One morning, my second quarter of seminary (taking classes full-time, and working almost full-time), I couldn’t get out of bed. It wasn’t just that I was sleepy and needed to wake up. My body refused to move. I spent the majority of that week sleeping 12-14 hours per night and still feeling tired, having to withdraw from most of my classes, and also being told “You don’t look sick!”. The first doctor I visited, an MD, couldn’t find anything wrong and offered me anti-depressants, which I refused. The second doctor I visited was more helpful: she attributed my fatigue to adrenal fatigue and sub-optimal thyroid hormone levels, but she never tested me for Hashimoto’s. I highly suspect that, if she had, she would have found evidence for it. As it stands, I waited almost 10 years to find out that my thyroid had been trying to tell me something.

Purity culture told me that my body was simply an object. Maybe a nice looking object, but an object nonetheless, and an object I should keep hidden. Many factors contributed to my lack of sex education (I say lack of, because there was quite a bit missing from my one formal lesson: an audiocassette from Preparing for Adolescence), but the messages that sunk in were: sex is bad, until you’re married. Then sex is good. The worst sin you can commit is to have sex before you get married.

The brain does not know the difference between stories I tell myself, and actual experiences.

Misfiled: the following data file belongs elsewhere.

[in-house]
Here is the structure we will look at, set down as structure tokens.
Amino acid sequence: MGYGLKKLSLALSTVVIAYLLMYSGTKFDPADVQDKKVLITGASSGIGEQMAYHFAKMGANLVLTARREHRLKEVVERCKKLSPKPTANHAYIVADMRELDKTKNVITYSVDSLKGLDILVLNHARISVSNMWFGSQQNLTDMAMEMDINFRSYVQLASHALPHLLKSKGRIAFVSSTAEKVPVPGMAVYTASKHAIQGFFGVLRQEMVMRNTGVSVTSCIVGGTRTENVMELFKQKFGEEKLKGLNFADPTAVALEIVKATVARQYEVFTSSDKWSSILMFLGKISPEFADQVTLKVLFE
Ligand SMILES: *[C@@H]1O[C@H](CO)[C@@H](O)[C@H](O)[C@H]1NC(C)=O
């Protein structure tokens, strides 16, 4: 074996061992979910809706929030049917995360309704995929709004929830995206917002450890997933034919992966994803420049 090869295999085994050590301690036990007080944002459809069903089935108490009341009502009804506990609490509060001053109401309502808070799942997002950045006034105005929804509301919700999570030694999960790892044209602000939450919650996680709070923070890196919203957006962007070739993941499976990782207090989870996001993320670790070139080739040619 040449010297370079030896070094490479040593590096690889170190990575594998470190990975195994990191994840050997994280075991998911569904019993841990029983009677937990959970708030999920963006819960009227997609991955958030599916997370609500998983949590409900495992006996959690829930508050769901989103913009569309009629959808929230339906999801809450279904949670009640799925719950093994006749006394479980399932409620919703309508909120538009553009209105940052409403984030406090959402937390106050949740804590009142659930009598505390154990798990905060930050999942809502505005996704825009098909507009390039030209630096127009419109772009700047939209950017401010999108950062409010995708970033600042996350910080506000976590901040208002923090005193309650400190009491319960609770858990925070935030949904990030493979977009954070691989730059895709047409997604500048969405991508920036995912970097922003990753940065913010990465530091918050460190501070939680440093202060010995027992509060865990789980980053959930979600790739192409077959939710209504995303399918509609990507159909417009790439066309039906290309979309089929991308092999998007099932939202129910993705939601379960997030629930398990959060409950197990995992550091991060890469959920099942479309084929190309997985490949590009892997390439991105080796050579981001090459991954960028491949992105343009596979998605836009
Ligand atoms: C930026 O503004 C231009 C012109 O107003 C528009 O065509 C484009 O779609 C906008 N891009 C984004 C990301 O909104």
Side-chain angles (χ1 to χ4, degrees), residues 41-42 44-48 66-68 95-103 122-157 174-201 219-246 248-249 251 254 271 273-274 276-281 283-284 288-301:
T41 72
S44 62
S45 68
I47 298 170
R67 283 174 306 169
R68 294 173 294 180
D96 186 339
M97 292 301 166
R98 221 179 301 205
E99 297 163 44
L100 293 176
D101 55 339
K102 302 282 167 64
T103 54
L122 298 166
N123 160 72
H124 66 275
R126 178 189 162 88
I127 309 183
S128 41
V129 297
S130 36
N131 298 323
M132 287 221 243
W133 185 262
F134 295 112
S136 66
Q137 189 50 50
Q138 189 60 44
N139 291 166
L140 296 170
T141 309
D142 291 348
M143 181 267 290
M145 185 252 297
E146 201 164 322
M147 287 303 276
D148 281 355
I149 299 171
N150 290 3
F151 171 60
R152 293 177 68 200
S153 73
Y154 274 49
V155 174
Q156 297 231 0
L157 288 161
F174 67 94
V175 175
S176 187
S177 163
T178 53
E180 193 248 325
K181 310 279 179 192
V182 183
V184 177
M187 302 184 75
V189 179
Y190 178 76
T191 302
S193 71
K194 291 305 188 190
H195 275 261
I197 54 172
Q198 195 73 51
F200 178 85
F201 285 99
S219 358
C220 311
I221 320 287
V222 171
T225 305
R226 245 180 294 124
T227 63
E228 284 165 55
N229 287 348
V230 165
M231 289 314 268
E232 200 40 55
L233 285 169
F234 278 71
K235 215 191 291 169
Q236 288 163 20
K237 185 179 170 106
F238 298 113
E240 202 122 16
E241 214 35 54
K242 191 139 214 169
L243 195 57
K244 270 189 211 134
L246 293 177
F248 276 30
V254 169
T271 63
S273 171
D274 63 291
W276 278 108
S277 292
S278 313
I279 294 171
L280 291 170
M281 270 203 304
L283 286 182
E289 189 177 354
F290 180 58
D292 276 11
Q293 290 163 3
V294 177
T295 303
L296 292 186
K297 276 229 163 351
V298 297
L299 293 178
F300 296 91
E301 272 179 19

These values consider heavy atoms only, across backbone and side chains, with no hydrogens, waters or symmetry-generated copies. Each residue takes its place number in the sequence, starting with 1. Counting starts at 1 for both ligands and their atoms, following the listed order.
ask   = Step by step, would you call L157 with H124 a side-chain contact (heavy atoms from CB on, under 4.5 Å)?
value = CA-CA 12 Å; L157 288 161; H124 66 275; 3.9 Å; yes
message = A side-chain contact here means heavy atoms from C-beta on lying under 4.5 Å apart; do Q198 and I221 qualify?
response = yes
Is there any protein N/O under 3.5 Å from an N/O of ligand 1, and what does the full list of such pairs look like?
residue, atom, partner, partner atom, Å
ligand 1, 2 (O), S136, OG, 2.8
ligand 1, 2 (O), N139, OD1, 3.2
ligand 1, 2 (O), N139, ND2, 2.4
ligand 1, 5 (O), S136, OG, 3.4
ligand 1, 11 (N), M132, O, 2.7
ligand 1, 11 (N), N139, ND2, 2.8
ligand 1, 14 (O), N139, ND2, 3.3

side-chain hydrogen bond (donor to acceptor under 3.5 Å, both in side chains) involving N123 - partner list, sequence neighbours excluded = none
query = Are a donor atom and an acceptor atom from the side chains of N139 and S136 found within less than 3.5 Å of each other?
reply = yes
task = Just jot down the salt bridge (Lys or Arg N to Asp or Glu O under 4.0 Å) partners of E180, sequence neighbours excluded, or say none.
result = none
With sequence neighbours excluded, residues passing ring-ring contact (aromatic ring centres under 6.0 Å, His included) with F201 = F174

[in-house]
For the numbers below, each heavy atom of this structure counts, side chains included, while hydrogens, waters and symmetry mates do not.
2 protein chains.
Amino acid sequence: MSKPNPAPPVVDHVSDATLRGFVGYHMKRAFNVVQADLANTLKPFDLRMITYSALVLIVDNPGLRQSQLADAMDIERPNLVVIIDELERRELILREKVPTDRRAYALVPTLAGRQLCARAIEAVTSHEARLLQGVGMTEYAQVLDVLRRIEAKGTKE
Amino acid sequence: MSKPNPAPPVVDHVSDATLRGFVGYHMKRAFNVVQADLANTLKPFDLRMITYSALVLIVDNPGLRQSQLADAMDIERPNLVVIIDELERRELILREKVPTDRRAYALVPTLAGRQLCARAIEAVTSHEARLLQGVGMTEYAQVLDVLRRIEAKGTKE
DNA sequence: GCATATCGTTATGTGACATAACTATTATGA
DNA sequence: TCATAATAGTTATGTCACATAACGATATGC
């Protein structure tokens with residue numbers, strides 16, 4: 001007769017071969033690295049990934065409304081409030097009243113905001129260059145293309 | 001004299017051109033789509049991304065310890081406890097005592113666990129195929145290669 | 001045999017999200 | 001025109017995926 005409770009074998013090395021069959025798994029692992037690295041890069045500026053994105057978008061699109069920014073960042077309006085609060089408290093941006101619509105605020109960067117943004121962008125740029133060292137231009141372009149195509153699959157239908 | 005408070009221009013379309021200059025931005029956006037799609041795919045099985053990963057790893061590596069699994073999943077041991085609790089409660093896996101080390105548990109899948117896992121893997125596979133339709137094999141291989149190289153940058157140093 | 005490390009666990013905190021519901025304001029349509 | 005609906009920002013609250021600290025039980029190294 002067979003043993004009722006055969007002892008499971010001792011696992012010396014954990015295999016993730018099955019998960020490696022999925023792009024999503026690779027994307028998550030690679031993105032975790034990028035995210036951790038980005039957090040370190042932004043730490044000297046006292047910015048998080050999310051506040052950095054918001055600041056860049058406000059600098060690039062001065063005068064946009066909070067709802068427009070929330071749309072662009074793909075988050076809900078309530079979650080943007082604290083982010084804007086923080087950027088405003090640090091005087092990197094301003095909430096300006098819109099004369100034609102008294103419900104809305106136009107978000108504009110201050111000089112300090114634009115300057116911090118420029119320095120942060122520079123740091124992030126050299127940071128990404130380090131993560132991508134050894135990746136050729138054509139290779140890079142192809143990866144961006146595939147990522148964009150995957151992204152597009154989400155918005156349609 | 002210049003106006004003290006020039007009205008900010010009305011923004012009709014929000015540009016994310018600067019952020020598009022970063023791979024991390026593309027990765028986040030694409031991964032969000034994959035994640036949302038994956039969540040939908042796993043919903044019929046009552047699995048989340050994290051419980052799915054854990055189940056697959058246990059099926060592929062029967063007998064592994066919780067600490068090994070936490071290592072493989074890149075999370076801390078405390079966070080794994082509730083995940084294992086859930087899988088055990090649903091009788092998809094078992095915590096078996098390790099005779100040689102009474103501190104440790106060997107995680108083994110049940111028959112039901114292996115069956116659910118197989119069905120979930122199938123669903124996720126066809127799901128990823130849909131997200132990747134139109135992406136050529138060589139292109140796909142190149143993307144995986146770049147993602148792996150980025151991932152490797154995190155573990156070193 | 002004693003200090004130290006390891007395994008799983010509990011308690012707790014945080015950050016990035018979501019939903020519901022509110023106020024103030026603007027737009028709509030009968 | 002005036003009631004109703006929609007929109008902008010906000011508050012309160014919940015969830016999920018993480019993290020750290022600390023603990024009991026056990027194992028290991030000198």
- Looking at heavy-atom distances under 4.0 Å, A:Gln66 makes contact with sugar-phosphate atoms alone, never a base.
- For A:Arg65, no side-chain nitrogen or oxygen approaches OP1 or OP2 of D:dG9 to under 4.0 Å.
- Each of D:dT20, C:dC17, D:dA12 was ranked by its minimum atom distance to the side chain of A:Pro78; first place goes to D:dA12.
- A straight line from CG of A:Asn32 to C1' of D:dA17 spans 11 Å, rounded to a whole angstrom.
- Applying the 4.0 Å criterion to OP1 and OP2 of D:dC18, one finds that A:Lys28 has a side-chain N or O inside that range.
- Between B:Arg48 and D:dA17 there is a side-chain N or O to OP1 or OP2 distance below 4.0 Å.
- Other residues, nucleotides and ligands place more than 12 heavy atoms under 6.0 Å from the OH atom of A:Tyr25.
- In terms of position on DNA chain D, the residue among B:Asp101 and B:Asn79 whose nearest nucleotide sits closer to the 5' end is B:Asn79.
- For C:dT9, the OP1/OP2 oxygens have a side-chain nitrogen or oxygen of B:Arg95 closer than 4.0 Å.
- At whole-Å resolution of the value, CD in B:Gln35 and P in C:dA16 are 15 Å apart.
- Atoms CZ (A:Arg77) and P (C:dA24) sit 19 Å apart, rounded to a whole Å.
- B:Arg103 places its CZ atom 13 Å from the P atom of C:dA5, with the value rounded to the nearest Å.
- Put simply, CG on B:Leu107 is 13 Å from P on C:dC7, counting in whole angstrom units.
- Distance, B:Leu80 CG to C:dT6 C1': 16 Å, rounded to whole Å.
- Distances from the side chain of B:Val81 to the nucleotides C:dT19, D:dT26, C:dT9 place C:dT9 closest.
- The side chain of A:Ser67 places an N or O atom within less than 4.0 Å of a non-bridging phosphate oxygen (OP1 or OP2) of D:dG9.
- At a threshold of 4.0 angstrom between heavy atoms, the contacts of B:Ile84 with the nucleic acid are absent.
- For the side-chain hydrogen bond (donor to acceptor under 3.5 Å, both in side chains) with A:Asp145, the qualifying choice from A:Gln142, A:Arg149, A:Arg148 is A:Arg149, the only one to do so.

My body internalized the message that sex is bad, and shameful (no one talked about it except to elucidate on the dangers of violating martial, heterosexual boundaries, so I assumed it was shameful). How do I know this? Even after C and I were married, my body stiffened up and sent pain signals to my brain. I could not enjoy the one sex act that everyone claims is so good, because it was uncomfortable and painful, in more ways than one. I had held onto the idea that sex would suddenly become awesome with marriage vows, magically turned into something to enjoy instead of something to fear, but my body told me something different, and C had to learn to be patient with me in a way he wasn’t conditioned to be, because he had also believed in the magical fairy dust of marriage vows.

“People who spent their formative and developmental years reacting with fear to the teachings of Evangelicalism were conditioned to dissociate from their bodies in order to become ‘holy.’”